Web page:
Zazzau Emirate: How To Select A New Emir According To The Law, By Nasir Lawal

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Zazzau Emirate: How To Select A New Emir According To The Law, By Nasir Lawal

Following the passing of the 18th Emir of Zazzau Alhaji Shehu Idris and as required by Law and tradition, eligible Prince’s of the ruling houses of the Zazzau emirate have indicated interest for the vacant and revered stool. The people of the Emirate and Nigerians as a whole are currently awaiting the final choice of the new Emir to be appointed by Governor Nasiru Ahmed El Rufai as required by law. It is understood that 13 Prince’s had indicated interest and are all waiting with their various supporters for the outcome of the selection process to conclude.

The last few days and weeks have therefore been filled with lots of hue and cry over the issue of a rather irregular list purportedly being that made by the kingmakers of the Zazzau Emirate council, accusations of financial inducements, underhand dealings and a directive by the state government for a repeat of the process and all sorts of rumours and insinuations. Some of these have been confirmed by reports and admissions by the state government and others unsubstantiated both in the social media and through verbal communication between people. This has given rise to a lot of tension and excitement among the different competing candidates and their supporters. Not surprisingly all parties have tried to control the narrative in their favour.

Understandably this has been in relation to the succession battle for the Revered Throne of the Zazzau Emirate to produce the 19th Emir of Zazzau to continue in the good works and foot steps of their forbearers.

Against this background of seeming confusion, it therefore becomes imperative to examine in depth the law, practice and convention that governs the selection and appointment of an emir.

The significance in this case is the years it has taken to exercise this law on the Zazzau emirate as the last emir was on the throne for more than four decades, 45 years to be precise and as such it is a new event to majority of the participant albeit an old tradition to be repeated.

There is existing an established law supported by a convention for the replacement of a chief or an Emir in the event of the vacation of the seat either through death, resignation , abdication or removal. This law is the Appointment and Deposition of Chiefs at Section 25 of the Northern Nigeria Legal Code which came into force on the 3rd July 1930 and still remains in force today. An examination of the law will provide details of its provisions and throw more light on the process we are about to witness leading to the selection of an Emir.

The law is at Chapter 25 and titled : CHIEFS (APPOINTMENT AND DEPOSITION) ; A law to provide for the Appointment and Deposition of Chiefs

DATE OF COMMENCEMENT 03 July 1930

The law provide the following provisions;

1. This law may be cited as the Chiefs (Appointment and Deposition

INTERPRETATION KDSLN 5 of 1982
2 (1) In this Law-
“Chief” means any person for the time being recognised by the Governor as a chief and includes an Emir., “court” means a magistrate’s court, a District Court, The Hugh Court , The Federal High Court, The Federal Court of Appeal; “property” includes all regalia and other things whatsoever attaching to a chief by virtu of his chieftaincy.

KDS 11 of 1983
APPOINTMENT OF CHIEFS IN ACCORDANCE WITH CUSTOMARY LAW AND PRACTICE

3 (1) Upon the death, resignation or deposition of any chief or any head chief other than a chief of a kind referred to in 4, the Governor may appoint as the successor of such chief or head chief any person selected in that behalf by those entitled by customary law and practice to select in accordance with customary law and practice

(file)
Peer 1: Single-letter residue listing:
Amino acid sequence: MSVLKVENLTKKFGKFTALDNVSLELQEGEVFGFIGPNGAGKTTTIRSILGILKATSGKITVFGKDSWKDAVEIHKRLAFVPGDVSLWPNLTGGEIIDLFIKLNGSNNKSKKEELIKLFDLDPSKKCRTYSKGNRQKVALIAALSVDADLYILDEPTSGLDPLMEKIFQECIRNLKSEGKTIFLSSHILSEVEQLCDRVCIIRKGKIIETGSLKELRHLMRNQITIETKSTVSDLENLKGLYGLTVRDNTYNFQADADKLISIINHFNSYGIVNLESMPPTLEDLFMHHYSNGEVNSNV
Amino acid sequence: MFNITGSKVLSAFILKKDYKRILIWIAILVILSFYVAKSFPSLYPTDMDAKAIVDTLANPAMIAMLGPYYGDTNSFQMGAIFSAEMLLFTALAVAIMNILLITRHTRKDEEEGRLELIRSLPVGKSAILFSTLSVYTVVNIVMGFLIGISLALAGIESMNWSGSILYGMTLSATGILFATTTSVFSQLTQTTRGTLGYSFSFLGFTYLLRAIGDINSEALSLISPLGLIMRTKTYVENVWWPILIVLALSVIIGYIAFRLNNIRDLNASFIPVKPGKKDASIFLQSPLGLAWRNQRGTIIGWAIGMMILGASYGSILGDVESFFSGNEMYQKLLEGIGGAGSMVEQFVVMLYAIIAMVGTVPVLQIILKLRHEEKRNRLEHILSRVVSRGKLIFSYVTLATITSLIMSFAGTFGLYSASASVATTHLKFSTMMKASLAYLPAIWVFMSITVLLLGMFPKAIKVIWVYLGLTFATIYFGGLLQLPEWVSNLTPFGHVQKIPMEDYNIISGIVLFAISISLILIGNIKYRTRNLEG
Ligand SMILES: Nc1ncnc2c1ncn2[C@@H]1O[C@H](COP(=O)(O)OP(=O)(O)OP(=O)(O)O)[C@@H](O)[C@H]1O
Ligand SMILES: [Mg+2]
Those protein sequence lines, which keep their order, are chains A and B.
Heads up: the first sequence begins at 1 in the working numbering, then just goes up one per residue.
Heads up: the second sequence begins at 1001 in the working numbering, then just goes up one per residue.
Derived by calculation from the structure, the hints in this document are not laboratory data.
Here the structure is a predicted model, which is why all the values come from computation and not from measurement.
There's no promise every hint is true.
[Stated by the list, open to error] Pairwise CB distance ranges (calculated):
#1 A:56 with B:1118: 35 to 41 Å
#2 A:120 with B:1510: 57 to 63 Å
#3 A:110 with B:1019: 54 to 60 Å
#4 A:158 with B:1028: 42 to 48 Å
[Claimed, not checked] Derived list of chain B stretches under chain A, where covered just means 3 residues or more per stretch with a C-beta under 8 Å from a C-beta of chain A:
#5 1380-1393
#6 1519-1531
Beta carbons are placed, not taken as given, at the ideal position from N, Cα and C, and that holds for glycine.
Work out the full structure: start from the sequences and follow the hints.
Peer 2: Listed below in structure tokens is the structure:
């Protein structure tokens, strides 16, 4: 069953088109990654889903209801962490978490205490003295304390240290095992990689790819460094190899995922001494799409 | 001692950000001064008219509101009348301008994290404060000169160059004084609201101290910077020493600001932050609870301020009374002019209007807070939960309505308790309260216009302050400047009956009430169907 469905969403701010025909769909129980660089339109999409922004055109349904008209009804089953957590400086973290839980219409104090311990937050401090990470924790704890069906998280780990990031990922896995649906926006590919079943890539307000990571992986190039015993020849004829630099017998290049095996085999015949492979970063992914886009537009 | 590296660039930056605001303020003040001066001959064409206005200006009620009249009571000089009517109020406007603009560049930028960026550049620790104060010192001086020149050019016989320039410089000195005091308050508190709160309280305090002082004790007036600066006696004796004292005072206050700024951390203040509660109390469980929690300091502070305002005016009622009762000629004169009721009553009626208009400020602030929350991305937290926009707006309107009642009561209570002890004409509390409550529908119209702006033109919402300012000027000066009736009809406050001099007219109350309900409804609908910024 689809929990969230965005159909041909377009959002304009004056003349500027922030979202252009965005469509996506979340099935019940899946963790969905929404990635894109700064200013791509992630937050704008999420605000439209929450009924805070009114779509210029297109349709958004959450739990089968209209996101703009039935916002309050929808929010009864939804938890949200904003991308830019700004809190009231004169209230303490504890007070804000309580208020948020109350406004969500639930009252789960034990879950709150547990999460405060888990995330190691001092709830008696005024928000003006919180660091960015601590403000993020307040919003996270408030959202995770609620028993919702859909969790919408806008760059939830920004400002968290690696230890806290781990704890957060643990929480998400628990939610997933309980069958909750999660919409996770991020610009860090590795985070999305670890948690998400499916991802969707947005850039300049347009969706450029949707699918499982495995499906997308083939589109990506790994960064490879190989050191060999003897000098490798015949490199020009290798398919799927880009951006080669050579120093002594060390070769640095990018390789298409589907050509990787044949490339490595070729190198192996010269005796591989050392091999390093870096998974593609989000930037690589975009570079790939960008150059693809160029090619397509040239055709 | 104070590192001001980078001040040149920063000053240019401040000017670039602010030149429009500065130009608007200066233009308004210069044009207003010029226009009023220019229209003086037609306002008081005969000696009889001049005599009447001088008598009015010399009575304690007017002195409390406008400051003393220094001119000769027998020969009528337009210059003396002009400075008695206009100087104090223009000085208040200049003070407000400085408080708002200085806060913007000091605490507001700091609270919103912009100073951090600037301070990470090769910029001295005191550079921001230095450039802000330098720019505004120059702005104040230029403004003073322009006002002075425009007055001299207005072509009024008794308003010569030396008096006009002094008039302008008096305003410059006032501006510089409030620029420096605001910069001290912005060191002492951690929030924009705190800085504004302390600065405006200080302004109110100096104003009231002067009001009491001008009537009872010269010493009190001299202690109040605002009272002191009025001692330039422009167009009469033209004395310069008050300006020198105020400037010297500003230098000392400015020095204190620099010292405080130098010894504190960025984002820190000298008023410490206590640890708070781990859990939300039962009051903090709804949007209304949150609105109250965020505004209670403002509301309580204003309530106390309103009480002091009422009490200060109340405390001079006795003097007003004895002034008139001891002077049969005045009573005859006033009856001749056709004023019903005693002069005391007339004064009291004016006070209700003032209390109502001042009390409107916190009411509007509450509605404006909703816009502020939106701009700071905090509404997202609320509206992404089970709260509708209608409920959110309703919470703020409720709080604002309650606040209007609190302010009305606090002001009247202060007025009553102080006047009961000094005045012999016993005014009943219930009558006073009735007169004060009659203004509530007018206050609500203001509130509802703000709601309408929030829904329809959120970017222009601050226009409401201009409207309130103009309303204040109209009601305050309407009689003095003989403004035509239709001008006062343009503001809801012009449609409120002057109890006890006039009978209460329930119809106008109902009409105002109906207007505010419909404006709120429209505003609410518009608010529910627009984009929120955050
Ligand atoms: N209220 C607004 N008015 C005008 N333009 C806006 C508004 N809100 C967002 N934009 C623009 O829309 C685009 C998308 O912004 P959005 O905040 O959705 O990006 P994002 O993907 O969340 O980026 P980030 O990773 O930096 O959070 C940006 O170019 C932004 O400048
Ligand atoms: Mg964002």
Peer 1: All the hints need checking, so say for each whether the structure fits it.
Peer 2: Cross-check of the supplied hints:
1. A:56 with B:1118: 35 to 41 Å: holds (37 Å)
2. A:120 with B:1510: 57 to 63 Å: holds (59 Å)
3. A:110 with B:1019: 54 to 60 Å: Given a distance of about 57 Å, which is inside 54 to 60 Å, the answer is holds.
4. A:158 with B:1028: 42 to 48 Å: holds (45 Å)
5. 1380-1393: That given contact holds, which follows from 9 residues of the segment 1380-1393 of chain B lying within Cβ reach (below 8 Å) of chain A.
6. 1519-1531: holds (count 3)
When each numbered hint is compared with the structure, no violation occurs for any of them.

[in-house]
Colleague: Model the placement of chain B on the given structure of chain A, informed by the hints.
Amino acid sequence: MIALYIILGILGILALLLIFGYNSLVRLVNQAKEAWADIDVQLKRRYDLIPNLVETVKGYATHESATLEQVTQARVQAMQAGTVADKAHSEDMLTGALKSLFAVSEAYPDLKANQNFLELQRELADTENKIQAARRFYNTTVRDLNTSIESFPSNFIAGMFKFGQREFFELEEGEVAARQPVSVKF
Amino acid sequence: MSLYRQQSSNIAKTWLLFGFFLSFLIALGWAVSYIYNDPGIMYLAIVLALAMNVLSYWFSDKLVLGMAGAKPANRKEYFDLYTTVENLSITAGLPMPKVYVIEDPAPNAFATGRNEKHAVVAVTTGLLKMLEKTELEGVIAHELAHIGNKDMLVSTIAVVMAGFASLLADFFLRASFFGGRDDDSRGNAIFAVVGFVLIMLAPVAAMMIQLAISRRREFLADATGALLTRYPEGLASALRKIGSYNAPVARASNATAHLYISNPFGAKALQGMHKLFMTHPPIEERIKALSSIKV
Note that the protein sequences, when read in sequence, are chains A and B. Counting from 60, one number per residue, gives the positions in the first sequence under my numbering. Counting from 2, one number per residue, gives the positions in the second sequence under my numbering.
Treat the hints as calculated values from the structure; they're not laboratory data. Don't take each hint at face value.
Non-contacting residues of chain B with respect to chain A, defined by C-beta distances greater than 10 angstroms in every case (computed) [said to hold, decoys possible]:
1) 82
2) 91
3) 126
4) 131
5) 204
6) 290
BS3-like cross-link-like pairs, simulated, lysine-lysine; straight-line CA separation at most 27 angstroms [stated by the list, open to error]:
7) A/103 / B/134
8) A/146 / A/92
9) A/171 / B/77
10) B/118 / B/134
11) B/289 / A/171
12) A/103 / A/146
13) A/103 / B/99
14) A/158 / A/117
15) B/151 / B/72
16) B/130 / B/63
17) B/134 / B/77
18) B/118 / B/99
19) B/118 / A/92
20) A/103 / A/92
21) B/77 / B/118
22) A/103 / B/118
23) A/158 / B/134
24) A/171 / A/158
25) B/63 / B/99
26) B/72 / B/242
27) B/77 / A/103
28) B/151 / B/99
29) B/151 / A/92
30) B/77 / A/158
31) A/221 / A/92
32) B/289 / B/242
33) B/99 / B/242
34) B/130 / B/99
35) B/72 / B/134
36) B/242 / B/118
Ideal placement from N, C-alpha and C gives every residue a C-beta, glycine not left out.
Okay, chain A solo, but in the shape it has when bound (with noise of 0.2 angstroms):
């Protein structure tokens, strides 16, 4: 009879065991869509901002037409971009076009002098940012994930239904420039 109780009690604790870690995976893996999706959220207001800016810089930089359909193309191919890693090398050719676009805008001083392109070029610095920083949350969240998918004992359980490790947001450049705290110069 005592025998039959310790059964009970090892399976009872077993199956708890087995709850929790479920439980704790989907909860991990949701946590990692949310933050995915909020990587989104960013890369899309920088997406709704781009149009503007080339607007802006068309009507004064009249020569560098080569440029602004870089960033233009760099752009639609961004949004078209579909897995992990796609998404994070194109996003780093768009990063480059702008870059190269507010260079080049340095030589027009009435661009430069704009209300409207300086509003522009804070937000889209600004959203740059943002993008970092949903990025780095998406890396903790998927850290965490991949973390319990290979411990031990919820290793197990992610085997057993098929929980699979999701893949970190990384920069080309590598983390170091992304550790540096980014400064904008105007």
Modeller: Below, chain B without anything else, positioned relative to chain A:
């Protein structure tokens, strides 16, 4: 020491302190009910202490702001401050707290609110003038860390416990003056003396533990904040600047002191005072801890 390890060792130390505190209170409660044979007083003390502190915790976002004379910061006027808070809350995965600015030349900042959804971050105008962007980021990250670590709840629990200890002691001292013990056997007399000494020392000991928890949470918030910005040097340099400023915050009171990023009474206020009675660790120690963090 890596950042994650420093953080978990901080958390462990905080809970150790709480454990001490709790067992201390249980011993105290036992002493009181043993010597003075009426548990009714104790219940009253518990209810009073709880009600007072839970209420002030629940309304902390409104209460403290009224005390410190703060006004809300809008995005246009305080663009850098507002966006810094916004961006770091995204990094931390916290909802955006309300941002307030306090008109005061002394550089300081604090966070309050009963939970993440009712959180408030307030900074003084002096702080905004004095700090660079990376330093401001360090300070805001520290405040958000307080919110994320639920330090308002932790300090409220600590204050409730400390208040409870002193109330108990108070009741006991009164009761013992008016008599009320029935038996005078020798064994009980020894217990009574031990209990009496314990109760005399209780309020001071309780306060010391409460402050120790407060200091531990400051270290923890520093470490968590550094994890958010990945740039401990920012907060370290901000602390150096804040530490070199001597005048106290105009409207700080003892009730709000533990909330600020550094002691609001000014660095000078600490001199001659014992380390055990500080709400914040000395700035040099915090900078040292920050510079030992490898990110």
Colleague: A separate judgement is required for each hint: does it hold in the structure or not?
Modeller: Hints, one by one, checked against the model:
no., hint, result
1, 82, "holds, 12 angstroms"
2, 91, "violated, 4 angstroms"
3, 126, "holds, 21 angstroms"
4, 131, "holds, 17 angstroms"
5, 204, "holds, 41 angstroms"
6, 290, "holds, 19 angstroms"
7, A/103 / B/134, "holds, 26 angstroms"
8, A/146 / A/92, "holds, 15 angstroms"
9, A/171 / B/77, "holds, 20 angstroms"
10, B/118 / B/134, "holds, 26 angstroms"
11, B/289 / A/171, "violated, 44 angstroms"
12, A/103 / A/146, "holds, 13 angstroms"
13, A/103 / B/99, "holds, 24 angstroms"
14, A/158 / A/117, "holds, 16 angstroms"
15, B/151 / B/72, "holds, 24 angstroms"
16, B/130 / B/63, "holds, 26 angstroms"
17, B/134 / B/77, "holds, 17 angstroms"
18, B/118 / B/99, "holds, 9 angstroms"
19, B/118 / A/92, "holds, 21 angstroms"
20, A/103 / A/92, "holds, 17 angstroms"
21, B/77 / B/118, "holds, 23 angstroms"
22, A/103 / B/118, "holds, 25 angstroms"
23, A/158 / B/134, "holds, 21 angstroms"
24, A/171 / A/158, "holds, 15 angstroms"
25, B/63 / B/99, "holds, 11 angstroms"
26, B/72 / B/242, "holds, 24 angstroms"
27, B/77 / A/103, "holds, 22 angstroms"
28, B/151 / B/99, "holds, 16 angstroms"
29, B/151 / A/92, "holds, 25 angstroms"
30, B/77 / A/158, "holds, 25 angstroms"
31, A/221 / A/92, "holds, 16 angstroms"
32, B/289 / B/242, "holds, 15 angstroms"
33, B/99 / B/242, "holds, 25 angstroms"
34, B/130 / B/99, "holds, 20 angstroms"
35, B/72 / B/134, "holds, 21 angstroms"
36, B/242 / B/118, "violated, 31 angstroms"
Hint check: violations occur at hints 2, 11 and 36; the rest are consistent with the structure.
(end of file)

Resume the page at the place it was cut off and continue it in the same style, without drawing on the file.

(2) Where no selection is made before the expiration of such interval as is usual under customary law and practice, the Governor may himself appoint such person as he may deem fit and proper to carry out such duties incidental to the chieftaincy as it may be necessary to perform.

(3) In the case of any dispute , the Governor after due enquiry and consultation with persons concerned in the selection, shall have the final say as to whether the appointment of any chief or head chief has been made in accordance with customary law and practice

APPOINTMENT OF CHIEFS OTHER-WISE THAN IN ACCORDANCE WITH CUSTOMARY LAW AND PRACTICE KDS 11 of 1983

4 (1) The provision of section 3 shall not apply to the office of chief or head chief which has not originated form customary law and practice but has been created by legislation or administration act if a competent authority , but the provision of sub section (2) and (3) of this section shall apply thereto

(2) Upon the death , resignation or deposition of any chief or head of the kind described in sub section (1) above , the Governor may appoint any person selected in that behalf by those entitled to select in accordance with the provisions of any order made by the Governor prescribing the method of appointment of such chief or head chief.

(3) When no selection is made before the expiration of any interval prescribed in any such order , the Governor may appoint any person he may deem fit and proper to carry out such duties incidental to the chieftaincy as it may be necessary to perform

(4) In any case of any dispute the Governor , after due inquiry and consultations with persons concerned in the selection shall have the final say as to whether the appointment of any chief or head chief has been in accordance with the provisions of any order made by the Governor

GRADING IF HEAD CHIEFS KDS 11 of 1983

5. The Governor May grade the office of a head chief as first, second or third class , according to the size and importance of such office.

DEPOSITION OF CHIEFS KDS 11 of 1983

6. The Governor after due inquiry and consultation with the persons concerned in the selection, may depose any chief or head chief , if he is satisfied that such deposition is required according to customary law and practice or is necessary in the interest of peace , order or good government.

POWER OF GOVERNOR TO BE EXERCISED AFTER ADVICE FROM COUNCIL CHIEFS KDSLN 5 of 1982

7. The power of the Governor under the preceding sections of the law shall only be exercised after receiving the advice of the council of chiefs

OATH TO BE TAKEN BY CHIEF
Any person appointed on it after the 1st day of October 1963, as a chief or head chief shall as soon as May be after his appointment take the oath set out in the schedule before the Governor or such other person as he may appoint

9 If any person declines or neglects to take the oath , when any oath required to be taken by him under section 7 is duly tendered he shall;
(a) if he has already entered on his office of chief or head chief vacate the same or ;
(b) if he has not entered on his office of chief or head chief be disqualified from entering on the same